In the Wasif v Secretary of State for Home Department judgment (Samia Wasif and another v Secretary of State for Home Department [2016] EWCA Civ 82), the Court made observations (which were intended for use by the Upper Tribunal as well as the High Court) in respect of totally without merit certifications which we list below.

The Court of Appeal defined the meaning of “totally without merit”, essentially as a case that is no more or less than bound to fail:

“In our view the key to the conundrum is to recognise that the conventional criterion for the grant of permission does not always in practice set quite as low a threshold as the language of “arguability” or “realistic prospect of success” might suggest. There are indeed cases in which the judge considering an application for permission to apply for judicial review can see no rational basis on which the claim could succeed: these are in our view the cases referred to in Grace as “bound to fail” (or “hopeless”). In such cases permission is of course refused. But there are also cases in which the claimant or applicant (we will henceforth say “claimant” for short) has identified a rational argument in support of his claim but where the judge is confident that, even taking the case at its highest, it is wrong. In such a case also it is in our view right to refuse permission; and in our experience this is the approach that most judges take. On this approach, even though the claim might be said to be “arguable” in one sense of the word, it ceases to be so, and the prospect of it succeeding ceases to be “realistic”, if the judge feels able confidently to reject the claimant’s arguments. The distinction between such cases and those which are “bound to fail” is not black-and-white, but we believe that it is nevertheless real; and it avoids the apparent anomaly [whereby all permission refusals would otherwise be marked “totally without merit”]”

  1. Judges should “certainly not” certify applications as “totally without merit” as an automatic consequence of refusing permission. The criteria are different.
  2. No judge should certify an application as “totally without merit” unless he or she is: “confident after careful consideration that the case truly is bound to fail. He or she will no doubt have in mind the seriousness of the issue and the consequence of his decision in the particular case.” (per Maurice Kay LJ in Grace)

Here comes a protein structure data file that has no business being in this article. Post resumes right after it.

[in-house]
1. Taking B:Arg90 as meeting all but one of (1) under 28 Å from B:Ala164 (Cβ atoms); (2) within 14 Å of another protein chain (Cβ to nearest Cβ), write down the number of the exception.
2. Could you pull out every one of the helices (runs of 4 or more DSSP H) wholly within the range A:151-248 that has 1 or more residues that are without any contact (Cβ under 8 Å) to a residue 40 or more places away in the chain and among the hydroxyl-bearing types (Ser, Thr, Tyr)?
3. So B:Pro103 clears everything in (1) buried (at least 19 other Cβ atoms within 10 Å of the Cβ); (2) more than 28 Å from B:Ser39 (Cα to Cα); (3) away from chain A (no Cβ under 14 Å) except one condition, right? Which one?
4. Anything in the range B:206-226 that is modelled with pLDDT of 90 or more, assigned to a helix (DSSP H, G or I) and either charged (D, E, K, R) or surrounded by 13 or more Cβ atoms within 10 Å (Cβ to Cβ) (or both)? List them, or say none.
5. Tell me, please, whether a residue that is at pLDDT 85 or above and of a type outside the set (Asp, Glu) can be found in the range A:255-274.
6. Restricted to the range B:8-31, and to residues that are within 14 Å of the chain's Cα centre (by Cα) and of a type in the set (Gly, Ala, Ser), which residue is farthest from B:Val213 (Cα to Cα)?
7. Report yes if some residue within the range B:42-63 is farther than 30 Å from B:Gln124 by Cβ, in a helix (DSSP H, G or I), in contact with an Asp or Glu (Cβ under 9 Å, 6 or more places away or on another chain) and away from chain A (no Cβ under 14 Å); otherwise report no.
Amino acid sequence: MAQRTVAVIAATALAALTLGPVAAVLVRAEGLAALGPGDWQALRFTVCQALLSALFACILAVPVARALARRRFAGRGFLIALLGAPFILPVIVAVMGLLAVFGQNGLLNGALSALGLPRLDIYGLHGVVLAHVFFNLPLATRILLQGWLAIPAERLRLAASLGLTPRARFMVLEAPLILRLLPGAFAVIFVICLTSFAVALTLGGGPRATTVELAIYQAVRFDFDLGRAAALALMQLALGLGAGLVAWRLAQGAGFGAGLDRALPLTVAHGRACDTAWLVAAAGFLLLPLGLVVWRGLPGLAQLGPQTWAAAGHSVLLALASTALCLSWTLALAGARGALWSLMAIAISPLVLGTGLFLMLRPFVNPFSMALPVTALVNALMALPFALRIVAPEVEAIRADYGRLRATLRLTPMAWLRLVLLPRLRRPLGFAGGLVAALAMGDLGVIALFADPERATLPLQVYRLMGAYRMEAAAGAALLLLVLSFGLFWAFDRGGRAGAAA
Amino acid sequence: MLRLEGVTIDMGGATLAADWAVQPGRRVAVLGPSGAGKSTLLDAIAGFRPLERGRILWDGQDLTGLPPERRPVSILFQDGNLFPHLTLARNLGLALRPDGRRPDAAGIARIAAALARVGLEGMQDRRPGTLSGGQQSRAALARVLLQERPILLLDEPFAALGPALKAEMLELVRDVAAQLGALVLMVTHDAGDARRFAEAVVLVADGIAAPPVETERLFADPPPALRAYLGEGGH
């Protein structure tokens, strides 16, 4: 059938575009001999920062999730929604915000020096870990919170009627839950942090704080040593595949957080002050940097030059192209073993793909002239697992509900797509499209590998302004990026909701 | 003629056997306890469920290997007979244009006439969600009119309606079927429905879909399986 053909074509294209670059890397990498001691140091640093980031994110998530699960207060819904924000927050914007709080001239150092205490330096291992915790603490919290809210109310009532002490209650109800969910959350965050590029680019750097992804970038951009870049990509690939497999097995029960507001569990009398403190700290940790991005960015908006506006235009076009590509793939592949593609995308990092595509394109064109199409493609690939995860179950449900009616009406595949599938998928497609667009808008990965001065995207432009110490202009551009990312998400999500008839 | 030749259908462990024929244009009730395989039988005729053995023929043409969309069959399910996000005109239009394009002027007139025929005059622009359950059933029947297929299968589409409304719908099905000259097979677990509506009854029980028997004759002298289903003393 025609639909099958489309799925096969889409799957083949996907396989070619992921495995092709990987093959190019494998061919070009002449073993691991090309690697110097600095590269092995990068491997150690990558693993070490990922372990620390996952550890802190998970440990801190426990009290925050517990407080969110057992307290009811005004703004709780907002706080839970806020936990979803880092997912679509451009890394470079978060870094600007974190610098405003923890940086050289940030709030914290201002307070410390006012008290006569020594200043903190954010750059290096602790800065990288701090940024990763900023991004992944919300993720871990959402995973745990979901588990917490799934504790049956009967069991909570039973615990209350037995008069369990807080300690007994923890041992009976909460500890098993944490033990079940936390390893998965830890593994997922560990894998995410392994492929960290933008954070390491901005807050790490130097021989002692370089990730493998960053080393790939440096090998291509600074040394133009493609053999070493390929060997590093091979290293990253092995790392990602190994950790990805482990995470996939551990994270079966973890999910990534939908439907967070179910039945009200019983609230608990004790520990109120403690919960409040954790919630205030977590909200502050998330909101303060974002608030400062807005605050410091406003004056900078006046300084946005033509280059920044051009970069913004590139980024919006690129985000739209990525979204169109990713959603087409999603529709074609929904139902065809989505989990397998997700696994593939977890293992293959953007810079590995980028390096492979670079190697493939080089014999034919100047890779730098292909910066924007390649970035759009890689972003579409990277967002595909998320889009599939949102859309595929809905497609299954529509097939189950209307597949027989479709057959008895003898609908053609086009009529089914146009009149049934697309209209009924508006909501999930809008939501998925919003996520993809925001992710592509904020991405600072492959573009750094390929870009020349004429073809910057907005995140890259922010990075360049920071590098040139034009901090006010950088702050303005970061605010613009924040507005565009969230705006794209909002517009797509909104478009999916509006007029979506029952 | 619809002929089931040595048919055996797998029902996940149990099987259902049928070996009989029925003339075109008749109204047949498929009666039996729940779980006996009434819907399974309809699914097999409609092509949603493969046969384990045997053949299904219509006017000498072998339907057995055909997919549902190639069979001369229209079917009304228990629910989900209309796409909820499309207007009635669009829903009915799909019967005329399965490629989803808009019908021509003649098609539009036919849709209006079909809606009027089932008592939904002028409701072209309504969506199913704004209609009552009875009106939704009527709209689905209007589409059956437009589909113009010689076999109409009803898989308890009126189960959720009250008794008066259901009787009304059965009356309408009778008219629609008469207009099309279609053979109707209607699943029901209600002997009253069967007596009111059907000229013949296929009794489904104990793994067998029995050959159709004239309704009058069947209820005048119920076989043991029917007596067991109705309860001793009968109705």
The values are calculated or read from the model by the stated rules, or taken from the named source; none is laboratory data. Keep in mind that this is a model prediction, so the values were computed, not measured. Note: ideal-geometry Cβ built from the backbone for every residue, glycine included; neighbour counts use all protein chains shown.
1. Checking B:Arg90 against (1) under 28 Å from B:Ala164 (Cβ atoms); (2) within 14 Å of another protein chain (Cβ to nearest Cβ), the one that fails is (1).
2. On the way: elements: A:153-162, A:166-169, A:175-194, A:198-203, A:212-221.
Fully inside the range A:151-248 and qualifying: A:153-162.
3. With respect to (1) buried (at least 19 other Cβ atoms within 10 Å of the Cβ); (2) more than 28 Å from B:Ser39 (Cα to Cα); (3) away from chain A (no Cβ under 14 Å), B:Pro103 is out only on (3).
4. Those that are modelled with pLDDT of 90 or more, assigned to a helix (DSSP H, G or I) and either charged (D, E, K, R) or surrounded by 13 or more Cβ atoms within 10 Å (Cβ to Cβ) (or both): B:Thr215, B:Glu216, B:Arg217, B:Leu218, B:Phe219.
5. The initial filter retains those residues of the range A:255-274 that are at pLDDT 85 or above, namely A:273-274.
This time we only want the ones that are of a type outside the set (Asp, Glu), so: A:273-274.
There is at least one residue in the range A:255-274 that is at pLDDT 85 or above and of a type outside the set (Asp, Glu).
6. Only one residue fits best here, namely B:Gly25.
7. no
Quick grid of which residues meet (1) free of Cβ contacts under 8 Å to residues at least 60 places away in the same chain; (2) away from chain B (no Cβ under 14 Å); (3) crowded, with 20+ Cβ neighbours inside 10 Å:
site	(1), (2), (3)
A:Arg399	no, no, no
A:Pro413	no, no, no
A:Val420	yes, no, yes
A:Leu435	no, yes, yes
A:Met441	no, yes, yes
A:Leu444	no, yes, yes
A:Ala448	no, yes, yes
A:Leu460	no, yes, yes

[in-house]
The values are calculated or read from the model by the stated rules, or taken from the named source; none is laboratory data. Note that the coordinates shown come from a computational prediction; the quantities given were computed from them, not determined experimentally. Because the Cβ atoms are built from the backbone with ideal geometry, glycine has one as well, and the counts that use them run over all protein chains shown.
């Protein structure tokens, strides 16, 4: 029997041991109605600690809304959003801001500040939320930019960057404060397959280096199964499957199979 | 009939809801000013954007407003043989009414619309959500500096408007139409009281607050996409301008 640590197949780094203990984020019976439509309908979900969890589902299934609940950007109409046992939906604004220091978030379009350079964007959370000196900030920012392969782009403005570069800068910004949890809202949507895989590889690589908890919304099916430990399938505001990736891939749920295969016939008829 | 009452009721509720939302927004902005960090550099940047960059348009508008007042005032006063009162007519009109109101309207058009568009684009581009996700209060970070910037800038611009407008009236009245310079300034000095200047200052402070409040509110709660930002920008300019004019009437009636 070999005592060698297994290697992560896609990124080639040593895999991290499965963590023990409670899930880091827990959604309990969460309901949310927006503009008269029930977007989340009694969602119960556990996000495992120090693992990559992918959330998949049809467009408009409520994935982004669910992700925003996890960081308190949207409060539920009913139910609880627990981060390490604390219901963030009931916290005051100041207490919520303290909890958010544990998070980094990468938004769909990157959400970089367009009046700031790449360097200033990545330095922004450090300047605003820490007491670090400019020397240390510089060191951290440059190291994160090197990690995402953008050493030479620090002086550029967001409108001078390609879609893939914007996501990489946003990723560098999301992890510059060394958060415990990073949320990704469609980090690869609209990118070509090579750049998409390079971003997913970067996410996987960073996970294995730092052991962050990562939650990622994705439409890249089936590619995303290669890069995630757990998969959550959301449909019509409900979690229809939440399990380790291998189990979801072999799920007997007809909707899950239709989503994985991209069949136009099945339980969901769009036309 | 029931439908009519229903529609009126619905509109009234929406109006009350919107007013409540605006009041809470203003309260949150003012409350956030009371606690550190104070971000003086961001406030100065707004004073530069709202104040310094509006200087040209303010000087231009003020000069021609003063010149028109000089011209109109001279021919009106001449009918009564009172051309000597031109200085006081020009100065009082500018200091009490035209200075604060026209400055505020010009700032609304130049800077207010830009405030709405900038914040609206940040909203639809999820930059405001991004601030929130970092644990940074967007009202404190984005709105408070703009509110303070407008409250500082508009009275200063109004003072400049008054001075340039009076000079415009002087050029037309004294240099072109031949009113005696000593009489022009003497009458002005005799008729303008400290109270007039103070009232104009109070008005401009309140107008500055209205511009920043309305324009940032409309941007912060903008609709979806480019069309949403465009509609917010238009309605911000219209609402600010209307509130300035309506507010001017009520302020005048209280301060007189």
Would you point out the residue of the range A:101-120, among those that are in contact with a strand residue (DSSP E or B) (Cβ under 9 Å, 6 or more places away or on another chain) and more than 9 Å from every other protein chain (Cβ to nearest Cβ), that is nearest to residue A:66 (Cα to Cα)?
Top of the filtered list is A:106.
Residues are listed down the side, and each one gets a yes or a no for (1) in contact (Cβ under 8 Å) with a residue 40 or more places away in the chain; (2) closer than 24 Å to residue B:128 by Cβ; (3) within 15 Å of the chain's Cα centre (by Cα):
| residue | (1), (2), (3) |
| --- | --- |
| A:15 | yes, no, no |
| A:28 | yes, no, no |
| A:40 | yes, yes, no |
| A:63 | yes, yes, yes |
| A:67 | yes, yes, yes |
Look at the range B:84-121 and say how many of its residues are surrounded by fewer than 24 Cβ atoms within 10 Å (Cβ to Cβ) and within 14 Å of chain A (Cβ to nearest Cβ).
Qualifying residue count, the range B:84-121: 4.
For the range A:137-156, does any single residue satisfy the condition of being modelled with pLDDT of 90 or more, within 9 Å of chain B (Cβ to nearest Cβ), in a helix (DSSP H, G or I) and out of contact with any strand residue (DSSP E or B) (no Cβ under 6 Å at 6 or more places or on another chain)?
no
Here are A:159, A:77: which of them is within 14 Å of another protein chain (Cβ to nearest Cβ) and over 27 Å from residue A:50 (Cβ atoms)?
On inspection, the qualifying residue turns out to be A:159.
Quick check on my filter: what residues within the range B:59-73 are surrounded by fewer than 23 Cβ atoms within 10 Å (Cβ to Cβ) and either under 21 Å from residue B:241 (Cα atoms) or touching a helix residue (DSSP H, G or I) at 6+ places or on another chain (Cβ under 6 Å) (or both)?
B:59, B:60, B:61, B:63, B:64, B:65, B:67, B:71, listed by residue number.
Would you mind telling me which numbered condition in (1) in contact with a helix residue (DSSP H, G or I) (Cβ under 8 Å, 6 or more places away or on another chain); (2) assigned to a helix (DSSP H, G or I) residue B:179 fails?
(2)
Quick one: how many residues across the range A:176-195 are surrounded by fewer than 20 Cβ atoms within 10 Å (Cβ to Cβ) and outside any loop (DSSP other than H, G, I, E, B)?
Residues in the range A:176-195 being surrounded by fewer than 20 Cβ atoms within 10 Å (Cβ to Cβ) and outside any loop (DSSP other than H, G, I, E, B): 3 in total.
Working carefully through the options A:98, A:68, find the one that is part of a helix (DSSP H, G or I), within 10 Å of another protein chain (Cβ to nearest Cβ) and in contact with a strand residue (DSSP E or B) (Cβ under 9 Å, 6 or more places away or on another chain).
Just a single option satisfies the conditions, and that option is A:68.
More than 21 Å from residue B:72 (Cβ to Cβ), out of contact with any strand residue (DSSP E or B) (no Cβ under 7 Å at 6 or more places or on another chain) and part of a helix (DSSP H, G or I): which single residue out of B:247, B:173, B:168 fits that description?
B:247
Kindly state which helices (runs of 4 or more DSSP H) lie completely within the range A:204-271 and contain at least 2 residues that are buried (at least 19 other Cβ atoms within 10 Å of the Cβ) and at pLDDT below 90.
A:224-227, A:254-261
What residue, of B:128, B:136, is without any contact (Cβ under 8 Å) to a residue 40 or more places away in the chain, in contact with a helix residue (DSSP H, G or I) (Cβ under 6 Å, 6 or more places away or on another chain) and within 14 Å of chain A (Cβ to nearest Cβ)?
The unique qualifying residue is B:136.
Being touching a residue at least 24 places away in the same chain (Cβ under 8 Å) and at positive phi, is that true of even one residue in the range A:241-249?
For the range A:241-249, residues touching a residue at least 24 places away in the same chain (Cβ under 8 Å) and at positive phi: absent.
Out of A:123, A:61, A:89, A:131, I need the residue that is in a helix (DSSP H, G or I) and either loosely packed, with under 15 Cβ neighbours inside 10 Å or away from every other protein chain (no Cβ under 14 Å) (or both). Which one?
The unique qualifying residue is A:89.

3. A case should only be certified where the judge is satisfied that a hearing could serve no purpose in allowing the claimant to address perceived weaknesses or omissions in the case.
  4. As a “thought-experiment” it may assist a judge to consider whether he or she can conceive of a judicial colleague taking a different view on the granting of permission. (The Court was careful, though, to stress that this was not a formal test – “the point of a renewal hearing is not that the claimant is entitled to another dip into the bran-tub of Administrative Court of Upper Tribunal judges in the hope of finding someone more sympathetic.”)
  5. Where a judge suspects that there may be an arguable claim, even if the point in question has not been pleaded properly or at all, then it should not be certified as “totally without merit”.
  6. A case should not be certified as “totally without merit” on the basis of a point raised in the summary grounds of defence to which the claimant may have an answer (given that at that stage the claimant would not have seen the summary grounds).
  7. Where a claim is certified as “totally without merit” then “peculiar care must be taken to ensure that all the arguments raised in the grounds are properly addressed” when the judge gives reasons for coming to his or her decision. Separate reasons should be given for the certification (as opposed to the refusal of permission), even if those separate reasons rest on what has been said previously. The reasoning need not be lengthy, but it should be structured.
  8. The Court expressed some doubt about the view expressed in previous authorities that the arguability of a claim can be affected by the nature and gravity of the issue. However, it was not called upon to decide this matter.

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